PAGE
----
Bhishma! Do not feel the slightest fear for your life. Providence has

ordained his fall." Following Arjuna's command, Shikhandi, followed by

Dhristadyumna and Abhimanyu, rushed at the Grandsire releasing their

powerful weapons.

 

At this time Drona was also engaged in battle with the Pandava

forces. Drona began to perceive omens indicating a great Kaurava loss. That

mighty warrior spoke to his son, "On this day, my son, the mighty Partha

will try his best to conquer the Grandsire. Today, my arrows are not coming

from their quiver of their own accord. My bow seems to yawn, and my strength

is leaving my body. My weapons are unwilling to answer my call. Animals and

birds are uttering fearful and terrible cries. My heart is cheerless, and

the sun seems to have lost its radiance. The four quarters are ablaze, and

vultures are flying overhead. The bodies of kings, belonging to the Kaurava

army, seem pale though decorated with golden ornaments. In all directions

the sound of the Panchajanya and the twang of the Gandiva can be heard.

Without doubt, Arjuna is trying to engage only the Grandsire avoiding the

other maharathis. He seeks to kill Bhishma by keeping Shikhandi in front of

him. Alas, what will be our fate?" Thus contemplating the future, Drona

again battled with the Pandava warriors.

 

On this day Bhishma was causing a slaughter of the Somakas and the

Shrinjayas. Arjuna, too, was taking away the lives of hundreds and thousands

of chariot fighters, horsemen and infantry. So great was the bloodbath on

both sides that it was hard to tell which side would become victorious.

Bhishma was scorching the Pandava army, and after ten days, he gave up all

desire to protect his life. Wishing his own death would come, he thought, "I

will no longer engage in the merciless act of slaughtering large numbers of

warriors."

 

Upon seeing Yudhisthira near him, he advised him, "O Yudhisthira,

listen to my words and carry out my request. I have spent so many days

killing large divisions of soldiers. O Bharata, I no longer desire to

protect this body. If you wish to fulfill my desire, then kill me as I stand

on my chariot. Place Shikhandi and Partha in the forefront of your army, and

cause my ascendence to the heavenly planets."

 

Understanding Bhishma's intention, Yudhisthira ordered the Shrinjaya

army headed by Dhristadyumna to attack Bhishma. Arjuna also, following

Shikhandi, began to release his deadly arrows at the grandsire. Within a

short time the Grandsire killed fourteen thousand chariot fighters.

Shikhandi then released fourteen broad headed arrows that struck Bhishma in

the chest. The son of Ganga, however, only looked at Shikhandi with wrath.

 

Arjuna ordered Shikhandi, "Rush quickly and slay the grandsire! Do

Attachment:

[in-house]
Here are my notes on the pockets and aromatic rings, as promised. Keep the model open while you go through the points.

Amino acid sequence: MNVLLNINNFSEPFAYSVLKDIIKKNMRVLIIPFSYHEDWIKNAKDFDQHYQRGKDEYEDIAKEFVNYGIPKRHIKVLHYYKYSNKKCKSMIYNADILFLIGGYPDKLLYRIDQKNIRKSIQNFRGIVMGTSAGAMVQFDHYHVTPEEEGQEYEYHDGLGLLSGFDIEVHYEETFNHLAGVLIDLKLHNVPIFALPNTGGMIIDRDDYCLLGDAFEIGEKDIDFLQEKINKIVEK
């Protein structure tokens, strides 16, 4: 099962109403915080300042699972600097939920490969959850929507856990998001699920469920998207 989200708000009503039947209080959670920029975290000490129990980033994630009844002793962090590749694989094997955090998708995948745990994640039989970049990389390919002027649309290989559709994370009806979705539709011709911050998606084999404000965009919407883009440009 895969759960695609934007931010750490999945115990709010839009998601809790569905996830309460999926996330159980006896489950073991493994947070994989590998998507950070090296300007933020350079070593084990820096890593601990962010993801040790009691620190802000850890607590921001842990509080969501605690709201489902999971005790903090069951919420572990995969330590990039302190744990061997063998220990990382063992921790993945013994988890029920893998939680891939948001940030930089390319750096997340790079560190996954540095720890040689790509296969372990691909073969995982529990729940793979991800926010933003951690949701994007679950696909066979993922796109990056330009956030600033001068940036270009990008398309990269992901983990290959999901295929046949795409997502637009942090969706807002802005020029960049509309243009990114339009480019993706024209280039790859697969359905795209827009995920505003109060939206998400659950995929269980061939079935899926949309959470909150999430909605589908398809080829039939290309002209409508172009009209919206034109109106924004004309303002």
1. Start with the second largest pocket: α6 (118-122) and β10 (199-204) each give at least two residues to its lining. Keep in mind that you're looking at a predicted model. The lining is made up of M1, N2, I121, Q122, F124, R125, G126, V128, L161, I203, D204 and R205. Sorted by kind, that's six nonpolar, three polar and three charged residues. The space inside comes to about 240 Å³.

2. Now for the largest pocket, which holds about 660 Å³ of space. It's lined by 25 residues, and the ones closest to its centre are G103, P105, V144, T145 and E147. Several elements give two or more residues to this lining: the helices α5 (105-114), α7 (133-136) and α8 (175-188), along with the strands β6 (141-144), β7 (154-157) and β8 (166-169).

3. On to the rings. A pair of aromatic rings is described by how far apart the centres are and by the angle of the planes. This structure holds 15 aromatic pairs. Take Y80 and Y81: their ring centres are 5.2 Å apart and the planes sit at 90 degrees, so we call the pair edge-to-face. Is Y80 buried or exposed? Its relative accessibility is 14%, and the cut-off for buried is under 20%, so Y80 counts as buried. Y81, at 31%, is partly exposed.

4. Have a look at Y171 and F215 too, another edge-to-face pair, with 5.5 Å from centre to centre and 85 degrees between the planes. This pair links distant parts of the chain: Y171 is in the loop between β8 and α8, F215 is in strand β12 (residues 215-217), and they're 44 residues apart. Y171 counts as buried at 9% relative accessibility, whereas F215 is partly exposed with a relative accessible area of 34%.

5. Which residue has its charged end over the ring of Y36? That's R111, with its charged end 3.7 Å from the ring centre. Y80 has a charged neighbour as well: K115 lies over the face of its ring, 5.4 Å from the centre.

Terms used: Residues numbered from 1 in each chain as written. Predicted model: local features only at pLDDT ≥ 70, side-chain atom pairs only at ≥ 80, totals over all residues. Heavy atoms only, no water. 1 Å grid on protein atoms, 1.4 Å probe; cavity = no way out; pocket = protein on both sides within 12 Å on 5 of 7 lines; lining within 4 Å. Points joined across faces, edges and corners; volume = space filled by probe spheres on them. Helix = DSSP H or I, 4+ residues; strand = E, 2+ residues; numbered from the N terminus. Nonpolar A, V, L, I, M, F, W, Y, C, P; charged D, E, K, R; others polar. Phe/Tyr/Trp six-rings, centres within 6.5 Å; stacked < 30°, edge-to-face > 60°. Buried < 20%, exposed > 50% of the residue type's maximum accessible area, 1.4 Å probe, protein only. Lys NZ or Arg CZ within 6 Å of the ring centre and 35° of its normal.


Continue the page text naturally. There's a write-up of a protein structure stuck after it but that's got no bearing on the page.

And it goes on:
not hesitate. Challenge him immediately!" Following those instructions, the

son of Drupada released his deadly weapons for slaying the foremost Kuru

warrior.

 

Coming up to protect the Grandsire was Duryodhana. He ordered all

the great warriors with their combatants to kill Arjuna. Seeing them coming,

Arjuna called upon his celestial weapons and caused a great carnage. His

celestial weapons released hundreds of thousands of arrows severing the

heads, arms, and legs of the oncoming enemy. Angered by the prowess of his

grandson, Bhishma, invoking a celestial weapon, rushed at Arjuna in the

sight of all bowmen. However, seeing Shikhandi in the forefront, the

grandsire withdrew the blazing weapon.

 

Bhishma then fixed his attention on slaying the Somakas and the

Shrinjayas. He single handedly killed ten thousand elephants and seven great

rathas amongst the Panchalas and the Matsyas. He then sent to Yamaraja's

abode ten thousand horsemen and five thousand foot soldiers. Having thinned

the ranks of the Pandava army, Bhishma then killed Satanika, the brother of

Virata. Whoever followed Partha, was sent by Bhishma to the other world.

Bhishma was achieving the most glorious feats on this tenth day of the

Kurukshetra war. No one could stand before the Grandsire as he released his

weapons. The King of the Panchalas, Drupada, Dhristadyumna, Nakula and

Sahadeva, Virata, Abhimanyu, Satyaki, the sons of Draupadi, Ghatotkacha,

Bhima, and Kuntibhoja were sinking in the ocean of the Grandsire. Coming to

save them was Arjuna. He encouraged them and in their presence, he killed

all of Bhishma's supporting soldiers. Then all together the great adhirathas

and the maharathis of the Pandava army attacked Bhishma hoping to kill him.

Keeping Shikhandi in front of them, they pierced Bhishma with hundreds of

Arrows. Arjuna managed to cut Bhishma's bow, and with this act the Kauravas

became enraged. They all attacked Arjuna using their celestial weapons and

showering upon him thousands of arrows. Shikhandi continued piercing

Bhishma, but the Grandsire ignored him and penetrated through the enemy

ranks. Arjuna attacked Ganga's son and tore his bow to pieces. Bhishma took

up another weapon, but that was also shattered by Arjuna's arrows. Partha

managed to cut all the bows taken up by Bhishma. Bhishma was furious and

took up a dart, and with all his might hurled it at Arjuna. Arjuna, however,

tore it to pieces as it came toward him. Seeing his dart cut off, Bhishma

reflected, "With a single bow, I could kill the Pandavas, if Vishnu had not

been their protector. For two reasons, I will not fight with them. One is